- "serious" folks, armed with facts that tend to inspire fear instead of motivation
- "shrill voices" that rely on guilt, scolding ignorant consumers
- "downshifters" who voluntarily give up their consumption
- "conscious consumers," who feel that providing a greener market for goods will help
- "green designers"
- "activists and campaigners"
I've been cleaning old crap out of the basement..just took a load of old electronics parts, wires, etc. to the recycling center, with more to go later. I'm also reading Annie Leonard's The Story of Stuff, a so-far wonderful description of what underlies the enormous quantity of "stuff" we purchase, consume, and dispose of. I like the idea of downshifting in my consumption, and this book is a great way to motivate me. In her introduction, she refers to Einstein's observation of paradigms, and how problems cannot be solved from within the same paradigm in which they're created. A paradigm change is needed to steer us away from the consumption-driven economy, and it is probably an enormous undertaking. Leonard reminds the reader in the intro that water is involved in almost everything we buy (I'm going to try to determine my water footprint at the link she provides, www.waterfootprint.org). She also groups those that approach the problem of consumption into several categories:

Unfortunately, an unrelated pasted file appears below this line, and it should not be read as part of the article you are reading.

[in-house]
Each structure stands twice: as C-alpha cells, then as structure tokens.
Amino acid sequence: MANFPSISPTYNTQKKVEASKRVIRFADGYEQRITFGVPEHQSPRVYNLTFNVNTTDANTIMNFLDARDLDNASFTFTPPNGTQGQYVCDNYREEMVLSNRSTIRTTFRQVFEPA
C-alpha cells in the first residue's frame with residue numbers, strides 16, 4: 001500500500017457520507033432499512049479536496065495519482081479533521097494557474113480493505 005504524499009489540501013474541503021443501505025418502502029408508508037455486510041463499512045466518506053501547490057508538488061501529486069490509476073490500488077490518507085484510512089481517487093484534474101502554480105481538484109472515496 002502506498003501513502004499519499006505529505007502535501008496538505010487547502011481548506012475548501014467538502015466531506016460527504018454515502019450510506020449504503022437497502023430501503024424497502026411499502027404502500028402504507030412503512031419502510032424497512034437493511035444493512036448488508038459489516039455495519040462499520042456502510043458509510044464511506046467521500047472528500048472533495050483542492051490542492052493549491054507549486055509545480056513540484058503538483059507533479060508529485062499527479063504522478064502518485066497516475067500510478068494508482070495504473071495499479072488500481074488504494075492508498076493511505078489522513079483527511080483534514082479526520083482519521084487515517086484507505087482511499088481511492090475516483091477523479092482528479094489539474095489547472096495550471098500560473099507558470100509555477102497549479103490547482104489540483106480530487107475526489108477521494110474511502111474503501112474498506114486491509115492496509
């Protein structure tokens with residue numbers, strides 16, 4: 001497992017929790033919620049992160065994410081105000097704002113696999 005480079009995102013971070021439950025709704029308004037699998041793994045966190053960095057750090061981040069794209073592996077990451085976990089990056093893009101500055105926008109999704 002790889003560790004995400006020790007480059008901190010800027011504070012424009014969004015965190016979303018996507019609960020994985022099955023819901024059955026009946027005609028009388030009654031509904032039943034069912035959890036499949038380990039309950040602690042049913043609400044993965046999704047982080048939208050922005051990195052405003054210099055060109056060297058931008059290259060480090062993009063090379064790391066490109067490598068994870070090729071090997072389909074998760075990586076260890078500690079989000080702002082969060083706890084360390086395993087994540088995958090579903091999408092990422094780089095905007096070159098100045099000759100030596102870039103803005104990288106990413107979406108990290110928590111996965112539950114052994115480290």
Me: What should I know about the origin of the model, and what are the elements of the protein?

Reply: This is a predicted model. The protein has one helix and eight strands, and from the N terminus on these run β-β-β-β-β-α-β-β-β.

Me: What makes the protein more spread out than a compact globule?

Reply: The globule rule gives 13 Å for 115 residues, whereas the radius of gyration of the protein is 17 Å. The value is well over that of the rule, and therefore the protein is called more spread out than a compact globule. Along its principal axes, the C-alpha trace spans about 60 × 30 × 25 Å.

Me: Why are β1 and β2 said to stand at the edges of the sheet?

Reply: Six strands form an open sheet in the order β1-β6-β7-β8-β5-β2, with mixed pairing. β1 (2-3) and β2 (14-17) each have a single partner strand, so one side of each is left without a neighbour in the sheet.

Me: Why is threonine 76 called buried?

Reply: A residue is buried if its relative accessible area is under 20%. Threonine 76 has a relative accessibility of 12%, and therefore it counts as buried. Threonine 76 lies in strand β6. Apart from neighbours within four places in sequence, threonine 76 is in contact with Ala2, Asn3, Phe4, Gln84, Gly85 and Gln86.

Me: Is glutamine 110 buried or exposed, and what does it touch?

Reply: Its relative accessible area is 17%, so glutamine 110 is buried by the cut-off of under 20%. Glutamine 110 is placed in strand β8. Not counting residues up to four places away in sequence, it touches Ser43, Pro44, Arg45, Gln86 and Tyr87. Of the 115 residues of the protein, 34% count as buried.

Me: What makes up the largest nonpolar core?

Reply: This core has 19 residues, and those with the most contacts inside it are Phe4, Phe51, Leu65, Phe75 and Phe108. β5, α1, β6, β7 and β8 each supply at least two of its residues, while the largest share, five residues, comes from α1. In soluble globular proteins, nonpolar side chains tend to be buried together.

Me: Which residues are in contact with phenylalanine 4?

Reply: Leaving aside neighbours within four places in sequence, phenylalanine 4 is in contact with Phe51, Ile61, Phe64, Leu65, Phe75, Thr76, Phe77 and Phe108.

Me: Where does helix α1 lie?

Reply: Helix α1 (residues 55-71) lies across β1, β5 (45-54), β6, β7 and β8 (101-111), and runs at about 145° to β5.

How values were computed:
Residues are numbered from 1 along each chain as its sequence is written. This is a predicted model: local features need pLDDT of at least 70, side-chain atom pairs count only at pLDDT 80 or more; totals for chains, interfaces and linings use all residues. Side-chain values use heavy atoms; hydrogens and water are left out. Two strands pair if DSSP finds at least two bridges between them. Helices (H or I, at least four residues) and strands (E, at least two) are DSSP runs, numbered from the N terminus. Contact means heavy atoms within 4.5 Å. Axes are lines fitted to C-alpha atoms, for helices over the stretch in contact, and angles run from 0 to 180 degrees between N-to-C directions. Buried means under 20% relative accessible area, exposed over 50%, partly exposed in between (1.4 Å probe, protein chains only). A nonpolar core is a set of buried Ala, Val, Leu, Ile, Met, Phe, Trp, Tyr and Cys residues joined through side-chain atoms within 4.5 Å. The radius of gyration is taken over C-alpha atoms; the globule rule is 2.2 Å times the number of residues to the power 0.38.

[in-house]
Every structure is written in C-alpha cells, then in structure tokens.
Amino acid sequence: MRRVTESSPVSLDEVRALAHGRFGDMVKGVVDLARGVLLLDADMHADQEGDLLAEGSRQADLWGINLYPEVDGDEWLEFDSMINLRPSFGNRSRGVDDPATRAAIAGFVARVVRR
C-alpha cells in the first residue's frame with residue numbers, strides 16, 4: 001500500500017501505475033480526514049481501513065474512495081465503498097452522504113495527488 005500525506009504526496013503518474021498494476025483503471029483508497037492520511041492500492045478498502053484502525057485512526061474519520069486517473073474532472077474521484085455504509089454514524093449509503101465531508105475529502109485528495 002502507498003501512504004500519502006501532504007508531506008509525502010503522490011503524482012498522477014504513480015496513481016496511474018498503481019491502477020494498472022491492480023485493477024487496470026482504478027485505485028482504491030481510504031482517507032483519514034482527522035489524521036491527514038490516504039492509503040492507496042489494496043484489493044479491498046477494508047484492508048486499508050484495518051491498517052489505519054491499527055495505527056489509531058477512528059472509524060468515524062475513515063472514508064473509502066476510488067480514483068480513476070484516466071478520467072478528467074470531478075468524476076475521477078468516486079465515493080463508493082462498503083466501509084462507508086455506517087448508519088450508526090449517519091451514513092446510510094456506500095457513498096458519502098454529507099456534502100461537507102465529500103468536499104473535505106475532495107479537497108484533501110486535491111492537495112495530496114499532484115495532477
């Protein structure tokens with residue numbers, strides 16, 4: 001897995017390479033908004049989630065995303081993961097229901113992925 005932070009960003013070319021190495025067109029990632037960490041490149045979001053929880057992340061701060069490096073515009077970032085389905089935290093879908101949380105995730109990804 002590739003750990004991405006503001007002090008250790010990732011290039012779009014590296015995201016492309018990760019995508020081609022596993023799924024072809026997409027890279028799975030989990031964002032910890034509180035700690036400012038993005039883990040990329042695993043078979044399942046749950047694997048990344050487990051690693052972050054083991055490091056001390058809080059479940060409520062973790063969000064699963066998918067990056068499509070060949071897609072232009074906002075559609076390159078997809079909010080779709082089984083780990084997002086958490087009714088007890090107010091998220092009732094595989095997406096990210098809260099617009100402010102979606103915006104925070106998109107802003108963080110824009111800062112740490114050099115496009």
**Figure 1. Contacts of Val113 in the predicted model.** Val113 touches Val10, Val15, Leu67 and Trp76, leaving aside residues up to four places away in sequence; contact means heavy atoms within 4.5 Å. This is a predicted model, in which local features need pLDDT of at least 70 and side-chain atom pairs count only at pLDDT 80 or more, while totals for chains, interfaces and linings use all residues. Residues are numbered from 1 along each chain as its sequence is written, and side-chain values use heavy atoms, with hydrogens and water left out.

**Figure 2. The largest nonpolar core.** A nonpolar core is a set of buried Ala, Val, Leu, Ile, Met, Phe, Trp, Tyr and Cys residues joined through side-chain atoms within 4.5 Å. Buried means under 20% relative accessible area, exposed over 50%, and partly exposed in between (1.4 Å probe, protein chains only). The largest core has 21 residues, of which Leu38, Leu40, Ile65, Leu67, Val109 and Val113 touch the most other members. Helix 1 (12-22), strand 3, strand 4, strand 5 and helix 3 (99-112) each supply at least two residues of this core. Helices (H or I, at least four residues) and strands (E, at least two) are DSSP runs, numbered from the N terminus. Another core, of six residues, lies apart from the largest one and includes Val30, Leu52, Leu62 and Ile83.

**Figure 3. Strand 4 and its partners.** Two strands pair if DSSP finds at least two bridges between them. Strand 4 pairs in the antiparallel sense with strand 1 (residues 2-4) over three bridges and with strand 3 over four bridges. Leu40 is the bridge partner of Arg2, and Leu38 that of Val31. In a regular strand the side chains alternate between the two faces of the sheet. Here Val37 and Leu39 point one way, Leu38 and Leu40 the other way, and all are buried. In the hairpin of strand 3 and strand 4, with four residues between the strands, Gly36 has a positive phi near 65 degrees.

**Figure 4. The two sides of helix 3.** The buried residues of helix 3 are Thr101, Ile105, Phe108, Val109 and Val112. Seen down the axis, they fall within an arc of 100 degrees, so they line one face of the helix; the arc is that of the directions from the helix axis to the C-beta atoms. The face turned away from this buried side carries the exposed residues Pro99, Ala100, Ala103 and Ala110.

Who is Riss?
"No one warned me that life would involve science, except my science teacher. But, of course, he's going to say that. He's got a job to protect."
- Stephen Colbert, I Am America (And So Can You)
E - The Environmental Magazine
Environmental News Network
Environment News Service
Information is Beautiful
NASA Goddard Institute
National Science Foundation
WUNC NPR News
WUNC The State of Things